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Camel - Moonmadness CD (album) cover

MOONMADNESS

Camel

 

Symphonic Prog

4.38 | 1524 ratings

From Progarchives.com, the ultimate progressive rock music website

LiquidEternity
Prog Reviewer
4 stars Many consider this to be Camel's best album, and if it weren't for the two of theirs that are better, I'd probably be inclined to agree.

Coming off the heels of the band's excellent prog rock powerhouse Mirage and their gently brilliant instrumental album The Snow Goose, Moonmadness mixes both of them without truly foraying into as much adventurous genius as either of them. The songs are all great, but they do not come across quite as convincing nor as enthralling. The vocals are much less inspired to me than on Mirage, and the compositions a bit more jam-oriented than on The Snow Goose. Do not mistake the meaning of all this. Camel's third strongest album simply implies a wonderful release of progressive music, and not one to be ignored by any means at all. Fans of Camel will love this. Fans of Pink Floyd will likely love this. Fans of prog in general can probably find plenty to love here. It's just not quite on that plane of quality that its two most recent predecessors find themselves on. The flute is not quite as prominent nor as unfettered, but the drums and bass form the rhythm section in a way that actually is much more remarkable than on any other Camel album.

The first track is the short instrumental bit Aristillus, opening the album with a mildly upbeat sound over which an odd-sounding keyboard jingles out the melody. It turns quite nicely into Song Within a Song. This track is mostly slow-moving, beautiful guitar/bass unisons displaying the melody. About four and a half minutes in, the song changes for a bit (song within a song?), featuring more driving rhythm and a nifty keyboard ditty bounced around. The music turns majestic for a few moments, drums flying with cymbals and snare quite evocatively, before turning around at the last moment to remind us of the way the song sounded at the beginning. Chord Change sounds more like earlier Camel at the get-go, fast harmonized guitars marking out a melody. Andy really shines on his frets here, completely showing up his often-considered rival David Gilmour. In truth, this track in a lot ways hearkens back to The Snow Goose. A spiraling clean guitar solo makes up the middle section of the tune, slowly giving way to a new keyboard melody that slowly gains ground and intensity. It suddenly launches into a quick solo. The tempo and feel keeps growing under the force of a guitar as the song fades out. Short of Lunar Sea, this is the strongest track on the album. Spirit of the Water wraps up the first side, being a gentle song with a good melody and kind of lackluster vocals.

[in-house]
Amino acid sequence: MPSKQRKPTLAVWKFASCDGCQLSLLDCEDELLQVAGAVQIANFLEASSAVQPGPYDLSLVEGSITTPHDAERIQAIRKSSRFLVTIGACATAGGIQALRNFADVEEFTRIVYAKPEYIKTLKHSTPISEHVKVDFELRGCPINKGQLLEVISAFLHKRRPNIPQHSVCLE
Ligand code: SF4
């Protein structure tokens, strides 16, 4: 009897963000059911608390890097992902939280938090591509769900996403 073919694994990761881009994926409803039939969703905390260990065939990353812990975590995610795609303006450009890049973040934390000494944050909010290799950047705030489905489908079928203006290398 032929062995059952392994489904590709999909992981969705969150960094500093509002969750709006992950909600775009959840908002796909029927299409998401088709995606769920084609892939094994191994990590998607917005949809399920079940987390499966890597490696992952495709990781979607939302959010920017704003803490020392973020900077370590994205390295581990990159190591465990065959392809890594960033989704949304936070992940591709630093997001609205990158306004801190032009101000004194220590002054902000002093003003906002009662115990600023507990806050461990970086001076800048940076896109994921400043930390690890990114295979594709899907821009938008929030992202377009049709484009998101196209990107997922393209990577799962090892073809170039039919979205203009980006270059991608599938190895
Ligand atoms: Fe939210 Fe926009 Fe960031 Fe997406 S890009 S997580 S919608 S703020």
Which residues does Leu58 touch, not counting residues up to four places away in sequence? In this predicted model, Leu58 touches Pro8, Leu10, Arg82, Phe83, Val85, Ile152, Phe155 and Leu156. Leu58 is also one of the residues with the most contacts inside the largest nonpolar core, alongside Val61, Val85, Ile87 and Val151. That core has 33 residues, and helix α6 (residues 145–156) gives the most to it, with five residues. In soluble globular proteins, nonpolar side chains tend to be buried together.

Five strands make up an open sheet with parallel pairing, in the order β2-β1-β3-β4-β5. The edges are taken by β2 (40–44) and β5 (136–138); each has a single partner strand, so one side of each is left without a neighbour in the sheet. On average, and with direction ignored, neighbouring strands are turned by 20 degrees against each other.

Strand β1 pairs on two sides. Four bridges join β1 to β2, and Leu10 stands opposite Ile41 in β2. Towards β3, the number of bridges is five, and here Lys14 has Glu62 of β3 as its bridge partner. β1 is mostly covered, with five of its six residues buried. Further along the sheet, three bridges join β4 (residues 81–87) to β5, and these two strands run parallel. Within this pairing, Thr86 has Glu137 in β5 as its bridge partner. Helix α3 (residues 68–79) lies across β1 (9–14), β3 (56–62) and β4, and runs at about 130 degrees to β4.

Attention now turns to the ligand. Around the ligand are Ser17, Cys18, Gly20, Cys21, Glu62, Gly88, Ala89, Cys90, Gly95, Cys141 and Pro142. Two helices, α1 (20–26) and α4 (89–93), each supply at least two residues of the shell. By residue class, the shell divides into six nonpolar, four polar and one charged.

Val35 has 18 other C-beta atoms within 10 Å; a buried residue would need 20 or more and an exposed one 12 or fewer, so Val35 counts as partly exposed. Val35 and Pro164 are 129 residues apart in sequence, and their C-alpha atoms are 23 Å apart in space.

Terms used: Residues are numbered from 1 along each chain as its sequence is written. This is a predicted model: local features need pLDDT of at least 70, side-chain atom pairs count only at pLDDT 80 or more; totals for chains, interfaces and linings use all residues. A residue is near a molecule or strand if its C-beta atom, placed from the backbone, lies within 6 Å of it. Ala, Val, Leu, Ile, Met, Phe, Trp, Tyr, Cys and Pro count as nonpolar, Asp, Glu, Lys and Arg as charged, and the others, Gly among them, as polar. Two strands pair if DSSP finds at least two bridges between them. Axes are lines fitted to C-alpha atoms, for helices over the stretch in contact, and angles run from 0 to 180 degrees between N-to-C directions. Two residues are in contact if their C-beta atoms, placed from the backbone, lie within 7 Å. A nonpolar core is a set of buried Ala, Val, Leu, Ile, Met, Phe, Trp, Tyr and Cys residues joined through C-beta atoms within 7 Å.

Side two begins with Another Night, a cowbell driven rock tune marred only by a slightly weak vocal melody. The mid section features a wonderful bass line that truly powers the song much further than its verses can provide. The guitar once again harmonizes with itself to play the melodic lead throughout the instrumental interlude here. Finally, a snappy guitar solo closes out the tune in true Latimer flair. Air Born waltzes in next, though this track is a more straightforward and less clever ballad than its predecessors. It's not terribly remarkable save for some quirky and tasty flute. The true highlight of the second side is the near ten minute track Lunar Sea. Akin to Chord Change, this song features no vocals. However, much of it is gentler. It opens with a bit of keyboard soundscaping, before the bass lays down the ground and the guitars walk all over on top. It settles down after a moment so that an electronica sort of key sound can play a melody (which eventually becomes a solo), but the tempo will return. With it comes some organ and another guitar solo, all still completely held in check and at the same time propelled forward by some absolutely wonderful bass guitar. The music then changes and grows even wilder about seven minutes in, with Andy Ward flailing about wonderfully on his drumset. This fades into a closing soundscape.

In all, Moonmadness has too many weak spots to truly qualify as a five star album, but it quite easily stands in the four star range. Any fan of Camel needs to listen to this one. It's not the best place to start, but it's a great second or third one to listen to. Highly recommended.

LiquidEternity | 4/5 |

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